Yes, the rumors are true: there will be a new CMOS in September! In the seven years since the 16th edition’s debut we’ve seen large shifts in the way we read, write, edit, and do research. The 17th edition will address these changes as well as incorporate many of the suggestions and queries we’ve received over the
One of the primal joys in life is to do good work. When the suit fits, the accounts balance, or the pie crust is flakey, someone takes pride in it.
In editing, it feels good to make corrections, tidy things up, and serve the reader. It feels good to put knowledge into practice. And—admit it—it feels good to spot an error! . . . Problems arise when
Although in a direct quotation from a source the wording should be reproduced exactly, certain changes to punctuation, capitalization, and spelling are generally allowed when needed to
Many quotations end with a period or comma:
“He’s gone.” She turned away.
“Indeed,” he said.
Others end with a question mark or exclamation point, in which case
Do you know Chicago style for number ranges? Is it 142–3, 142–43, or 142–143? This month’s workout, “Inclusive Numbers” covers sections 9.58–63 of CMOS.
Can you spy anything wrong with the following sentences?
Today CMOS Shop Talk launches a new occasional series called “Getting a Start in . . . ,” in which we ask publishing professionals how they came to do the jobs they do. In this post, editor Carol Saller talks to Erin Brenner and Laura Poole, who own and operate the Pilcrow Group, Inc., which includes Copyediting newsletter and its training division.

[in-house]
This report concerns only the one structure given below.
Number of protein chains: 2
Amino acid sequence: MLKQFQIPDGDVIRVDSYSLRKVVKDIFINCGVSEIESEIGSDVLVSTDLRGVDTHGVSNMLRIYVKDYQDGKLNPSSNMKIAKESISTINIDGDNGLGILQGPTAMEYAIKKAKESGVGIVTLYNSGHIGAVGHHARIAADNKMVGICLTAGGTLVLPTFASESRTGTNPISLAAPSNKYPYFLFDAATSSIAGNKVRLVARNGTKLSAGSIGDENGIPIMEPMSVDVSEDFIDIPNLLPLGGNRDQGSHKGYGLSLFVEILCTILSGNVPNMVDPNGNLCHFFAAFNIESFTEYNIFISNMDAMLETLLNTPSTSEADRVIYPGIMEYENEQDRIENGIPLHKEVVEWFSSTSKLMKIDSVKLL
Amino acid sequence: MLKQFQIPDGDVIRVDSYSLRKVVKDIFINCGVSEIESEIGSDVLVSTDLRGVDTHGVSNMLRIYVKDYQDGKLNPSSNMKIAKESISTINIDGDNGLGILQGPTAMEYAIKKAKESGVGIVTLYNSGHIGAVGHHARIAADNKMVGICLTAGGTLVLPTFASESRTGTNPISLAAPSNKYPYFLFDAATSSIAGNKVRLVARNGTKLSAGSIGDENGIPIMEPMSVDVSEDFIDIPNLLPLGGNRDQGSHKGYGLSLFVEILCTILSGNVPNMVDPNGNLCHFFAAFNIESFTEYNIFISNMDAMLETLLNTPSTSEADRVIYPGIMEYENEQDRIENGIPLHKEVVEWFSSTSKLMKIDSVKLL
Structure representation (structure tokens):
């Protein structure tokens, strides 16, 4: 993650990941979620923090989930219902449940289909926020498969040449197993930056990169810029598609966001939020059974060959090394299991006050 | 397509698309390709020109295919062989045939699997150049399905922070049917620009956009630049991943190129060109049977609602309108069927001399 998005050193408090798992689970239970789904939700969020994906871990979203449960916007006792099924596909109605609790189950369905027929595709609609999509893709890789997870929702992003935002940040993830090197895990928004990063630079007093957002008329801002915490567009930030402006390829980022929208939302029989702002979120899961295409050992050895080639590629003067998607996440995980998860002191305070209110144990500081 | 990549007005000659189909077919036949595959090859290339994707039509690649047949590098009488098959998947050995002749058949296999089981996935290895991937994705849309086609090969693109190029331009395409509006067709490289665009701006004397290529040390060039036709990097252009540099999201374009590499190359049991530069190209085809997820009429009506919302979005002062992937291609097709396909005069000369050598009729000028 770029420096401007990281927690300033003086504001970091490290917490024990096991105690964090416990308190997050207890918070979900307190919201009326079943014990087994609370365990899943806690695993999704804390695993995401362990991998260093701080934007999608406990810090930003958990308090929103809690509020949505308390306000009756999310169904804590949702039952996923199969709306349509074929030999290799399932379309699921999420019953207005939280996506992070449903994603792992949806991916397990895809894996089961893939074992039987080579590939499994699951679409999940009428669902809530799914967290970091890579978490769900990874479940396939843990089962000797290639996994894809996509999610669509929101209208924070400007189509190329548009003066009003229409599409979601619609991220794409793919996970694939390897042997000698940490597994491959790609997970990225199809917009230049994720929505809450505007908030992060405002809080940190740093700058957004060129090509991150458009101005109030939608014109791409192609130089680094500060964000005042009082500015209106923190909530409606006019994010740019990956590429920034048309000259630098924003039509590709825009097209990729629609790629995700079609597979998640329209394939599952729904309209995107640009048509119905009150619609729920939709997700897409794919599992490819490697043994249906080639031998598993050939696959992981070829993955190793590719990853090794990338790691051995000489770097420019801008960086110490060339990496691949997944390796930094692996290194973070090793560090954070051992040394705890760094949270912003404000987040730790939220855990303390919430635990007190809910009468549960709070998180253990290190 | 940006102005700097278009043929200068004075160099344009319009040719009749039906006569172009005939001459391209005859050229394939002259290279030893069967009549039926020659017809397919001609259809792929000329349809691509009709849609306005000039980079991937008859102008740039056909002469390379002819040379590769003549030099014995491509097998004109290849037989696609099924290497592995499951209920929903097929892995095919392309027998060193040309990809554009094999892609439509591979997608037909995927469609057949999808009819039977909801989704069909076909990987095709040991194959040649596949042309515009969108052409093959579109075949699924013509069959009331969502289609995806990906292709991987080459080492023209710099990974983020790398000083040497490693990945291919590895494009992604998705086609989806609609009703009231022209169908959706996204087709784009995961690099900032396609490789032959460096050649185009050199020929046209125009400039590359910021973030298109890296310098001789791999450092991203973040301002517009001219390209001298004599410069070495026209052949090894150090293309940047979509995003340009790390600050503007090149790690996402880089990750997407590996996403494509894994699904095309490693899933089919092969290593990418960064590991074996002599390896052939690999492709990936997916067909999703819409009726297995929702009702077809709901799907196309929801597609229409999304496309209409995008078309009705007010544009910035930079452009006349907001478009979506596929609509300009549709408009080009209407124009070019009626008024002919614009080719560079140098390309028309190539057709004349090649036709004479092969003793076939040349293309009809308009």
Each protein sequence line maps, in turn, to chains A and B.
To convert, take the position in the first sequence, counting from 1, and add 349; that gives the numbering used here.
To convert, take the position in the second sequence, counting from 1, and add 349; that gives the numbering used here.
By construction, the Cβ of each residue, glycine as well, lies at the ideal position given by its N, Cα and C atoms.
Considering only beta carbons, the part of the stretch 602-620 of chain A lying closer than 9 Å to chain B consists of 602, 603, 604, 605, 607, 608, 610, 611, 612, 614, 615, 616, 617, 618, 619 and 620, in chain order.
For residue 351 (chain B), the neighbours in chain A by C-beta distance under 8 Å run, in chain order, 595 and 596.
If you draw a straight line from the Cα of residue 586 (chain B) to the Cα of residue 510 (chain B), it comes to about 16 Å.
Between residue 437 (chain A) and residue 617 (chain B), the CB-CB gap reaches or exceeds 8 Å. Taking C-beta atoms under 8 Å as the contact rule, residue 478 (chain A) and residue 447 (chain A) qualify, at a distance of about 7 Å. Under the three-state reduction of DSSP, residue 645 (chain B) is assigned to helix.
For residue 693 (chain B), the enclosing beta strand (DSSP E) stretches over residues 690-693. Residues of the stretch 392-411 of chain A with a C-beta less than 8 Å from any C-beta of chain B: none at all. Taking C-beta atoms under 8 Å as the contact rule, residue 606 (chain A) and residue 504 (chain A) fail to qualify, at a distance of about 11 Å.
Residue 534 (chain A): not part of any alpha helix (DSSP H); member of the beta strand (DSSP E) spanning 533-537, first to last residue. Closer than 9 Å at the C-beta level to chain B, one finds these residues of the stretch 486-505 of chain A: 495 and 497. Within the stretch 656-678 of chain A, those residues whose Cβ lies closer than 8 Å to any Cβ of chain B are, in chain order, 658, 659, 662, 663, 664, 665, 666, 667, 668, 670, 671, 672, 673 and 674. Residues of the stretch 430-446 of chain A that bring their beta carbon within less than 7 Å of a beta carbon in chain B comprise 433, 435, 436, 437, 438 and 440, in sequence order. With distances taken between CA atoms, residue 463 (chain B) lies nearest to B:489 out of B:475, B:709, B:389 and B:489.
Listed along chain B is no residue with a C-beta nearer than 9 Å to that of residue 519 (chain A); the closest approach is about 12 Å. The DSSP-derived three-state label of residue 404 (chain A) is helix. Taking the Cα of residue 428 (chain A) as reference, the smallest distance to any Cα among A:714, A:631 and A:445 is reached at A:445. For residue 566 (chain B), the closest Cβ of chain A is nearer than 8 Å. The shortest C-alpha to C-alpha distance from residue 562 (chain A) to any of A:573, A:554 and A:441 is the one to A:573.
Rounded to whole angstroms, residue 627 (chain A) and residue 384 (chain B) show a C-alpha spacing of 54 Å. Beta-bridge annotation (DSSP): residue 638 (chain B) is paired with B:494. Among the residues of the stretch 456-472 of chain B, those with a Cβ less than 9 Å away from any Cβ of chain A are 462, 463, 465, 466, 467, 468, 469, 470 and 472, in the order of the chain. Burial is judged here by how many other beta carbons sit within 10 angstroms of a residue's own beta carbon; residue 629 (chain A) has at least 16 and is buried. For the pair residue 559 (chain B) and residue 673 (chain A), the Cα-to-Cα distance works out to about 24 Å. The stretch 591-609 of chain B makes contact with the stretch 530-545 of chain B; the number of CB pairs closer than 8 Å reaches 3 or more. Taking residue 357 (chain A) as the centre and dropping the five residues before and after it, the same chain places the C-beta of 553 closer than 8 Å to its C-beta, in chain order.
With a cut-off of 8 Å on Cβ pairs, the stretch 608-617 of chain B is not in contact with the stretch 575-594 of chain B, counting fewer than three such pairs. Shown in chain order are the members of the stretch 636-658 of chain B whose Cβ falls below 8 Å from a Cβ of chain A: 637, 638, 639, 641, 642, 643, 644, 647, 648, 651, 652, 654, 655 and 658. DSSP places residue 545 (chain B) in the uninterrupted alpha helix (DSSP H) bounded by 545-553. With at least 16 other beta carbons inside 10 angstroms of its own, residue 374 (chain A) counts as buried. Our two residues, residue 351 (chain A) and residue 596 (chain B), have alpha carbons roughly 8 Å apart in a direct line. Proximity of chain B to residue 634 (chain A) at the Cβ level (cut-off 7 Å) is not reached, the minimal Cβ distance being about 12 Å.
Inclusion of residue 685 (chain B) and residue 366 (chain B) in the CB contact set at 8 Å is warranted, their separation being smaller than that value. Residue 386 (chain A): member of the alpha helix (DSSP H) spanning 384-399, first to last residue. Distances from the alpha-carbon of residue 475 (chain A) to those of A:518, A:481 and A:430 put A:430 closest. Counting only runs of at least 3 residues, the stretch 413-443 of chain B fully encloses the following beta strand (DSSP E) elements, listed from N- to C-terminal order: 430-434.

Once again we offer this small token of our affection: our Chicago Manual of Style holiday mini-ornament for you to download, print, and fold.
This month’s workout, “Word Usage, Part 2,” again centers on section 5.220 of CMOS. Writing and editing are more efficient when you never have to look up biennial or dither over between and among.
We’ve all read those bossy directives from advice mongers: “Do rock a ripped T with a bright floral skirt.” “Don’t chew gum during an interview.” “Do practice blending eyeshadow with your brush.” “Don’t yank electrical cords from the wall.” Aside from being either fatuous and trendy or obvious and unhelpful, such lists actually pose some editorial dangers.